Sound Off! // Comment Klatsch #8: Sounds From the Past

Sounding Off2klatsch \KLAHCH\ , noun: A casual gathering of people, esp. for refreshments and informal conversation  [German Klatsch, from klatschento gossip, make a sharp noiseof imitative origin.] (

Dear Readers:  Today’s Sound Off!//Comment Klatsch question comes to you from Maile Colbert, SO! regular, as a follow up conversation to her World Listening Month post: “Wayback Sound Machine: Sound Through Time, Space, and Place.” Give it a read and/or just jump right in and let us know what you think.

— J. Stoever-Ackerman, Editor-in-Chief

P.S. Don’t forget, we are giving away a  Sounding Out! sticker to today’s Klatsch participants. After you’ve commented, simply email your snail mail address to

What information can sound from the past carry and how might that be useful or important to us in the present?

Comment Klatsch logo courtesy of The Infatuated on Flickr.


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About Maile Colbert

Maile Colbert is an intermedia artist and researcher with a concentration on sound and video. She holds a BFA in The Studio for Interrelated Media from Massachusetts College of Art, an MFA in Integrated Media/Film and Video from the California Institute of the Arts, and is currently a Research Fellow towards a PhD in the Estudos Artísticos program in the Faculty of Social and Human Sciences at the Universidade NOVA de Lisboa. She has had multiple screenings and exhibits, and has performed and screened widely in Japan, Europe, Mexico, and the States.

23 responses to “Sound Off! // Comment Klatsch #8: Sounds From the Past”

  1. academicronin says :

    I’ve been looking at music & sound used in silent film, and what strikes me is how much we can tell about taste and shared sonic experiences by the pieces and instructions for sound that show up over and over again. I think it’s possible to re-create very plausible chunks of the past through recorded sound and the descriptions of common sounds. The comment about the sound of a VHS loading made me thing of the iconic sound of dial-up–anyone else remember that? It was a tune everyone knew, and while the circumstances were, like mseth2 says, fluid, the sound itself will function differently depending on the listener. Capturing these sounds and the reactions of those who grew up with them is key to preserving communal elements of a society at a point in history.

  2. Regina N. Bradley (@redclayscholar) says :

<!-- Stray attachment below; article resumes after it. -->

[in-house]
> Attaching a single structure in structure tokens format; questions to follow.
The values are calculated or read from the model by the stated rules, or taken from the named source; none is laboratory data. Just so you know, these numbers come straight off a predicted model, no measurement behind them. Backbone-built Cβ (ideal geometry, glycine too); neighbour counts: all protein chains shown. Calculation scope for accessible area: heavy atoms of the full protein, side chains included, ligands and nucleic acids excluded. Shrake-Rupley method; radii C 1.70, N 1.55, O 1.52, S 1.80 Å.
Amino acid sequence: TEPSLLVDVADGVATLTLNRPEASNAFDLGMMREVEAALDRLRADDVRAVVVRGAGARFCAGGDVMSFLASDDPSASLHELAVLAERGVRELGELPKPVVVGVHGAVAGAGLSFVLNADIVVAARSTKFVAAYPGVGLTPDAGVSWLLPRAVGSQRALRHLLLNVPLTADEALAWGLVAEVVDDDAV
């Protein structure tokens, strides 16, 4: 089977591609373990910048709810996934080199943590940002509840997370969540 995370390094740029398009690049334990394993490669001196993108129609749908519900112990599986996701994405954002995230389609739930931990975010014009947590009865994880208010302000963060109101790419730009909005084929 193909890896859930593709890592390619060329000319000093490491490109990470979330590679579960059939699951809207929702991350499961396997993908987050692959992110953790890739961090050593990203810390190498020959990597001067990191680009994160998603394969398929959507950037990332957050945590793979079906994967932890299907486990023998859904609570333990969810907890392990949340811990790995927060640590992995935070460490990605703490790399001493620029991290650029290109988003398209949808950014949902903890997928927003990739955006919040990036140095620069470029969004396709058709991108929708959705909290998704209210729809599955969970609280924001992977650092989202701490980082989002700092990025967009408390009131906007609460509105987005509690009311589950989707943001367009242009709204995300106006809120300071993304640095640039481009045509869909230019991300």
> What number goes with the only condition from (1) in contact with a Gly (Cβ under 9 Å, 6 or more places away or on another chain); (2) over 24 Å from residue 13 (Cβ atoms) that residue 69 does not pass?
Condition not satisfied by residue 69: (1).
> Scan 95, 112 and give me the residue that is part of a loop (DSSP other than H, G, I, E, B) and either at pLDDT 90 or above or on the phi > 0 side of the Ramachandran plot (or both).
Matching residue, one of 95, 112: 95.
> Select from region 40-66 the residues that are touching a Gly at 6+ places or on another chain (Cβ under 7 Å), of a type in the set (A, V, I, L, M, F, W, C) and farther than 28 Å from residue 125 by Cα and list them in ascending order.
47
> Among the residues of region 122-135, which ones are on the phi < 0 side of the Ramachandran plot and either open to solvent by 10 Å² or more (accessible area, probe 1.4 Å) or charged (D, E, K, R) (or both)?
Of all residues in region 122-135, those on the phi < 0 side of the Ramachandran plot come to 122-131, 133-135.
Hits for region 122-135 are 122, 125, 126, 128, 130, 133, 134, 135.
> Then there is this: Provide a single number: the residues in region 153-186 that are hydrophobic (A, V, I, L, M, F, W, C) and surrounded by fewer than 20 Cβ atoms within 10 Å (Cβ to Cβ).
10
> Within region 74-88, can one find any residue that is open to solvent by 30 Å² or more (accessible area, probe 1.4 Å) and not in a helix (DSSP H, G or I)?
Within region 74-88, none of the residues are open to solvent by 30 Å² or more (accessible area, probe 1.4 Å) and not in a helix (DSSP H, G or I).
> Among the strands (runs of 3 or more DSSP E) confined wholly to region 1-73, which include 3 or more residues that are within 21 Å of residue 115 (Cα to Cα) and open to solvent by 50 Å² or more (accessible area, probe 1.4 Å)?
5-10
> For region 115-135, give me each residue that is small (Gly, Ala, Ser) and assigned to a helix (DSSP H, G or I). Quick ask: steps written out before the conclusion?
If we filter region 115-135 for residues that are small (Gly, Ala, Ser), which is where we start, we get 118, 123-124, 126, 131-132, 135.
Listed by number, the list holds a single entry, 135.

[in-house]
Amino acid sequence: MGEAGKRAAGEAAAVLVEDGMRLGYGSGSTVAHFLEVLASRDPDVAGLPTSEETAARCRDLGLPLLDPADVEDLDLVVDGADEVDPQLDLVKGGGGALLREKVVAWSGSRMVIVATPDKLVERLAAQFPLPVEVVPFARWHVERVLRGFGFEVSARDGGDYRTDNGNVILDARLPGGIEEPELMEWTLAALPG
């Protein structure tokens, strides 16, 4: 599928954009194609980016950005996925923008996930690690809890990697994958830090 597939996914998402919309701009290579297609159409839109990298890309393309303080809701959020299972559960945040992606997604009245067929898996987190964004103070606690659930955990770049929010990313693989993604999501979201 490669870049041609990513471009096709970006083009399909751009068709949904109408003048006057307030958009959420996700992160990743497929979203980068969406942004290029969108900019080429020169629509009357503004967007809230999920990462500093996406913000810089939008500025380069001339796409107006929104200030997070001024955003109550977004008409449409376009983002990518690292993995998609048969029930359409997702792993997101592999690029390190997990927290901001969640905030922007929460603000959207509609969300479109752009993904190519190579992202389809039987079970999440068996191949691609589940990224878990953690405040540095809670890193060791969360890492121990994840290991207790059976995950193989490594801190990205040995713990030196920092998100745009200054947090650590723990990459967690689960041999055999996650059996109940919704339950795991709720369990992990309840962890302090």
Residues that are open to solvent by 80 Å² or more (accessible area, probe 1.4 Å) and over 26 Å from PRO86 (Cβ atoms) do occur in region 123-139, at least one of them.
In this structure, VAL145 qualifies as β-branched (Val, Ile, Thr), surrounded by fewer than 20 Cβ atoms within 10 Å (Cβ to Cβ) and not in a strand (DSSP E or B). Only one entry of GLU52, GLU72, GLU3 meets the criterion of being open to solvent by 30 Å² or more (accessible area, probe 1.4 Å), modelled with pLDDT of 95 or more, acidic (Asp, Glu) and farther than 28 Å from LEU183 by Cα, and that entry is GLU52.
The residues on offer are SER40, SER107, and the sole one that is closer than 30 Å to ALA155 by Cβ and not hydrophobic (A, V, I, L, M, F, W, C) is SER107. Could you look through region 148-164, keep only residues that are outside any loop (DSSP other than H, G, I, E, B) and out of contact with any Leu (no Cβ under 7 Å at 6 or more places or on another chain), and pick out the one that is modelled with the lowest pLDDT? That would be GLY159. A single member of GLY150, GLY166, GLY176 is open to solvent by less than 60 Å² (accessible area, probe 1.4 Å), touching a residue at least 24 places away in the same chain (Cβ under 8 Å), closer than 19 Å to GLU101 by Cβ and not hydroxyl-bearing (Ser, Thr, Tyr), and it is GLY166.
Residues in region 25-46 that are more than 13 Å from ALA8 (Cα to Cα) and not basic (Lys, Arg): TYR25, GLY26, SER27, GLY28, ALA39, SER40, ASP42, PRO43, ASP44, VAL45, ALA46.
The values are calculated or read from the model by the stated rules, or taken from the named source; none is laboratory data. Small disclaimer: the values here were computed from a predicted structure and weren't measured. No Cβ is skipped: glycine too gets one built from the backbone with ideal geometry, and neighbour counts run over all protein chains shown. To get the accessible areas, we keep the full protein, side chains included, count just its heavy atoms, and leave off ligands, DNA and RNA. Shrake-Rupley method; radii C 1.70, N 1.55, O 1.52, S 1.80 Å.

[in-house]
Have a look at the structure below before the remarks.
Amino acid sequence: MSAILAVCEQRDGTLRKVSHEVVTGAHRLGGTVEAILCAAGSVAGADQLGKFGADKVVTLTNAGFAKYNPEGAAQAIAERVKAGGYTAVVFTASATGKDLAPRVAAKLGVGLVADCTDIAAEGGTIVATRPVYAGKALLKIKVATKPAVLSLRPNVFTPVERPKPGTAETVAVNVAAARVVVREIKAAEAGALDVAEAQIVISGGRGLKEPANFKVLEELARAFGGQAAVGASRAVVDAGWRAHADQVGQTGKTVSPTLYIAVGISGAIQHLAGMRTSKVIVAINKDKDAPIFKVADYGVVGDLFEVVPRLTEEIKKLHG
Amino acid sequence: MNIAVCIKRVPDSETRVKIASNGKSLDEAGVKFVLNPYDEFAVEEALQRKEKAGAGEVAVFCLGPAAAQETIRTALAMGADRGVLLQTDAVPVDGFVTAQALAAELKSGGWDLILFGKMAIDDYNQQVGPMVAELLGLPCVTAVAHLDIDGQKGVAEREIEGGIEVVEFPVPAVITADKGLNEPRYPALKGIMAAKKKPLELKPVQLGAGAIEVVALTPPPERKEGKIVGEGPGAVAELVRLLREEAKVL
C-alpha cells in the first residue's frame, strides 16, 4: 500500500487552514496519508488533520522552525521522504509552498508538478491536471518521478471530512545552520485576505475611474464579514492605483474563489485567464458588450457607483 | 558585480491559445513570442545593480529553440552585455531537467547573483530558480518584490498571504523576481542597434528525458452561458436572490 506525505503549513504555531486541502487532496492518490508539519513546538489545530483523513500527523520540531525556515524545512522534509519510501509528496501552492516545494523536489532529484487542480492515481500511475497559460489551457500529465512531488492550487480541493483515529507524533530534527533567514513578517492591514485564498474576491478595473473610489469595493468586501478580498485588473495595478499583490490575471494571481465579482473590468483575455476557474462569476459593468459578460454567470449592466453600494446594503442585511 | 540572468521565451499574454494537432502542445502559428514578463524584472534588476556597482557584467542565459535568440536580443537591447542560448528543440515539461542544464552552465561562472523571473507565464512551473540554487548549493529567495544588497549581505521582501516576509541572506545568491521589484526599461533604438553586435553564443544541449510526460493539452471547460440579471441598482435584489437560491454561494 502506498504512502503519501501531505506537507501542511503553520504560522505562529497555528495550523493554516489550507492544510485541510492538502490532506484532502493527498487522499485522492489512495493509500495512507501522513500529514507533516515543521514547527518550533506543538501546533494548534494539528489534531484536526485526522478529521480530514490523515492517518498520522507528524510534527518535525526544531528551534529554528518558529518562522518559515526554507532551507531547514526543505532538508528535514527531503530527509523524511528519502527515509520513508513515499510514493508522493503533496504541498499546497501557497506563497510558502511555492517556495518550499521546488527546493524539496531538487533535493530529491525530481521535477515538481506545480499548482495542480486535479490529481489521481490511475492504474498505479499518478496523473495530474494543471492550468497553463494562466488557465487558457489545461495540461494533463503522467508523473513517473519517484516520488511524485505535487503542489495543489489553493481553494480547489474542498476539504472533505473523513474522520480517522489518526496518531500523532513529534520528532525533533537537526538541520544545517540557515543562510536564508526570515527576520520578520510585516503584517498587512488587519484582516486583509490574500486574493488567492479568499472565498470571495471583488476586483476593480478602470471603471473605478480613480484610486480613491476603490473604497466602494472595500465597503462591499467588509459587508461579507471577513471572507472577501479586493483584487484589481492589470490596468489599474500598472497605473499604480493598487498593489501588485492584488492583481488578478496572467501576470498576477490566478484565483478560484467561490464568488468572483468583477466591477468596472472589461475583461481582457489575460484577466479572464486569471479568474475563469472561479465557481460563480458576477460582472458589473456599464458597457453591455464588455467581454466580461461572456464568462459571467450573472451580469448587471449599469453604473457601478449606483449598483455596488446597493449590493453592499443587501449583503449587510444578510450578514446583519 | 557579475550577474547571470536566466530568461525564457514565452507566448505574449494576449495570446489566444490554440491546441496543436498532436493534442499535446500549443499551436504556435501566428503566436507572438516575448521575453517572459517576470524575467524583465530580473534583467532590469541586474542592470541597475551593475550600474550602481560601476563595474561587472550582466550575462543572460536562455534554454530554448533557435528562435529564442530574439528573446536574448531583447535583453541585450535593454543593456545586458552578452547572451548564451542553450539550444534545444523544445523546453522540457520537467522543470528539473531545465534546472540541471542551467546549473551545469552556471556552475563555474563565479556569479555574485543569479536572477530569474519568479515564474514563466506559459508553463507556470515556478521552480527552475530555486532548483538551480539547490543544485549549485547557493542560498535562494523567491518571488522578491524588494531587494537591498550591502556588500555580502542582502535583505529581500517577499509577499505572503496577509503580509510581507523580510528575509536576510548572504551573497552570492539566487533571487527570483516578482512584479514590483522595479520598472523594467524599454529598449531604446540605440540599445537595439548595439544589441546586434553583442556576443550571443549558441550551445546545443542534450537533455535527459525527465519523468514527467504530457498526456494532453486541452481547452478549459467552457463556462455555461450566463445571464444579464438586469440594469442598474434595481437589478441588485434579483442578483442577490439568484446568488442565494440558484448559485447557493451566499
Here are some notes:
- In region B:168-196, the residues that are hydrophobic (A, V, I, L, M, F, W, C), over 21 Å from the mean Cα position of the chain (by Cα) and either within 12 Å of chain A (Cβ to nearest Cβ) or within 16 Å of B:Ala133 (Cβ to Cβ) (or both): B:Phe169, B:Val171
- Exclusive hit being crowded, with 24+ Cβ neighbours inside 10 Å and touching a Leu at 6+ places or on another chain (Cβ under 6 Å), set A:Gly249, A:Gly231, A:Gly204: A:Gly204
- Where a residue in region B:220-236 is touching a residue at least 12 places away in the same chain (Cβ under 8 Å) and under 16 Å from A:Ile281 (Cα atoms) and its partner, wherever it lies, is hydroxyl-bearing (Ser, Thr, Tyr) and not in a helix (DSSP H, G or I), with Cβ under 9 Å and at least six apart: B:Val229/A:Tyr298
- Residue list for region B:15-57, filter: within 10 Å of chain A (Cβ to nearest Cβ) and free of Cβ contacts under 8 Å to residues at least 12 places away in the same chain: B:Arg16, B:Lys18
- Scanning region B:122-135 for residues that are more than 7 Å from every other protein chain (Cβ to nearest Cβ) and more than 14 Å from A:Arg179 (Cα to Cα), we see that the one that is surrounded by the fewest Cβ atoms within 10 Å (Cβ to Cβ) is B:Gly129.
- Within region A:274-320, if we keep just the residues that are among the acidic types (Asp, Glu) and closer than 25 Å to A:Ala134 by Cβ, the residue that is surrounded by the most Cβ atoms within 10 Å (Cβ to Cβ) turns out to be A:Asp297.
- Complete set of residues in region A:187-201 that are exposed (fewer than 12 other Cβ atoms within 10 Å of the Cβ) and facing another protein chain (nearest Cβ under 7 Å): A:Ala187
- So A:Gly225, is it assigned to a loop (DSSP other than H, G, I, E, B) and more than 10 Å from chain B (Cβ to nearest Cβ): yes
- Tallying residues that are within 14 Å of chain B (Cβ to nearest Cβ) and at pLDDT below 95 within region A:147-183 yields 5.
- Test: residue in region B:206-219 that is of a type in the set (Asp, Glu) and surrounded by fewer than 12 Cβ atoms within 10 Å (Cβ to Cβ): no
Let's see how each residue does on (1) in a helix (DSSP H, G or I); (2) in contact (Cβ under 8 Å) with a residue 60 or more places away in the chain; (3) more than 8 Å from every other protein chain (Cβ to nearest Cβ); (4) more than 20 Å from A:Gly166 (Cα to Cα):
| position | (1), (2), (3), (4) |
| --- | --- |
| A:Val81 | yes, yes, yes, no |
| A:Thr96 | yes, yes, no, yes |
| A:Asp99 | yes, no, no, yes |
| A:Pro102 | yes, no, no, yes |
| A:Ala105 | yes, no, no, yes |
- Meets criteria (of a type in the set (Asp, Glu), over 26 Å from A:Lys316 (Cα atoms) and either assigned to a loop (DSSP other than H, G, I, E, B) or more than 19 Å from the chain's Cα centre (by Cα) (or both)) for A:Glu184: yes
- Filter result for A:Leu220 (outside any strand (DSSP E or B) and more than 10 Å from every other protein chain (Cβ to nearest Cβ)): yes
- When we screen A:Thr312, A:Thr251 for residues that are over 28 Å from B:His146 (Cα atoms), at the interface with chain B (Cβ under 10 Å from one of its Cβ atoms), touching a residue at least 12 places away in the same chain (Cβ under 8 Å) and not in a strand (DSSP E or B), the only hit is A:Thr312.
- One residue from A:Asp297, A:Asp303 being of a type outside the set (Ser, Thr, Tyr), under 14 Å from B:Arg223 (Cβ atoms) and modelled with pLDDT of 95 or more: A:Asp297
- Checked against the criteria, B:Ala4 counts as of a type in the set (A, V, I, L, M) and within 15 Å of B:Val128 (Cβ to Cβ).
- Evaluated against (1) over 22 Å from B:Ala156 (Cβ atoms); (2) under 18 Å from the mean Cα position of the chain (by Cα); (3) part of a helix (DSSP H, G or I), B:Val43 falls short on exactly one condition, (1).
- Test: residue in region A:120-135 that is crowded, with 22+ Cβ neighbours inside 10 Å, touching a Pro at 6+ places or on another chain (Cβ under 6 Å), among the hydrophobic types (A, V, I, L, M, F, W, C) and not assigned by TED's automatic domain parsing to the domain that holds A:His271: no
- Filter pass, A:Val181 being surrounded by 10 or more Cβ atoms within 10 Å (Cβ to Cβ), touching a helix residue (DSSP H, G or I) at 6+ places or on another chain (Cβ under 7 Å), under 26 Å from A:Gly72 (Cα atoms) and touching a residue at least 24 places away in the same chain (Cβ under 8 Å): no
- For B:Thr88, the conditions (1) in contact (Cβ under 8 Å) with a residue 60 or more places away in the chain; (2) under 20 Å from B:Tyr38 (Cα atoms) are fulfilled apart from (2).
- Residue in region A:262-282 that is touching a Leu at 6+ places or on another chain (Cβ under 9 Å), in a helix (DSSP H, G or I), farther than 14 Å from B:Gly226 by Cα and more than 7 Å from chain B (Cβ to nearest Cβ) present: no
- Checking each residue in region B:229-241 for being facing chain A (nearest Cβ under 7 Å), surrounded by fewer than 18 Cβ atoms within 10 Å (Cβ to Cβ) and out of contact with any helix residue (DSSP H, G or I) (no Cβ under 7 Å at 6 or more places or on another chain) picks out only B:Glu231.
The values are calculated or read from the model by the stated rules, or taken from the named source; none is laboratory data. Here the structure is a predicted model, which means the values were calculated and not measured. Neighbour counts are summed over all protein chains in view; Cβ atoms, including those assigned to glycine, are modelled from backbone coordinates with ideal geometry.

Great question. I immediately thought about Fred Moten and his dynamic discussion of Aunt Hester’s scream in his book In the Break. It made me think about the overlapping connections between sound, silence, and black trauma during slavery and the residual effects of those sounds. How does sounding slavery reflect in more contemporary manifestations of black cultural expression? I’m currently working on a piece on Edward P. Jones’ The Known World that dabbles in the social-historical and sonic connections between hip hop, capitalism, and slavery.

    • j. stoever-ackerman says :

      Interesting answer Regina (and of course I can’t wait to read your project on Jones!). It reminds me of historical work being done on the physical sites of plantations and what the materiality of the space can tell us about sound and vice versa.

      You have also rightfully brought the idea of form into this question. Like you, I work with sounds of the past through their literary representations. I think that literature has been recording past sounds for many many many years now, for playback in readers’ imaginations (and the sonic imaginary, many neuroscientists argue, gives us the same brain stimulation that hearing “actual” sounds does). Importantly, the use of language also captures something about how people heard and felt about particular sounds in the moment in which they were sounded. Literary sounds come to us pre-listened to, in effect.

      Perhaps what is new then, is the kind of archiving being performed digitally, and the idea that the sounds may be played back “raw” (without the contours of their “original” listeners, for whom the sound of a VCR being loaded is familiar— and missed, for example. Although the process of recording is still mediates the sound, listening to it for us in particular ways, it feels more “raw” and direct than it is–it is easier to forget these sounds aren’t “the thing themselves”). Although this sort of thing has a long history too, as Jonathan Sterne writes in _The Audible Past_ that archiving was absolutely fundamental to imagining the project of developing sound recording in the late 19th century. However, he describes the recording of voices as a project like embalming, where the “outside” of the sound is preserved, but its interiority–its cultural resonances, its intimate meaning, its bodily connections–are lost, and this causes discomfort. Potentially this process of emptying out a sound is intensified with digital archiving of sound?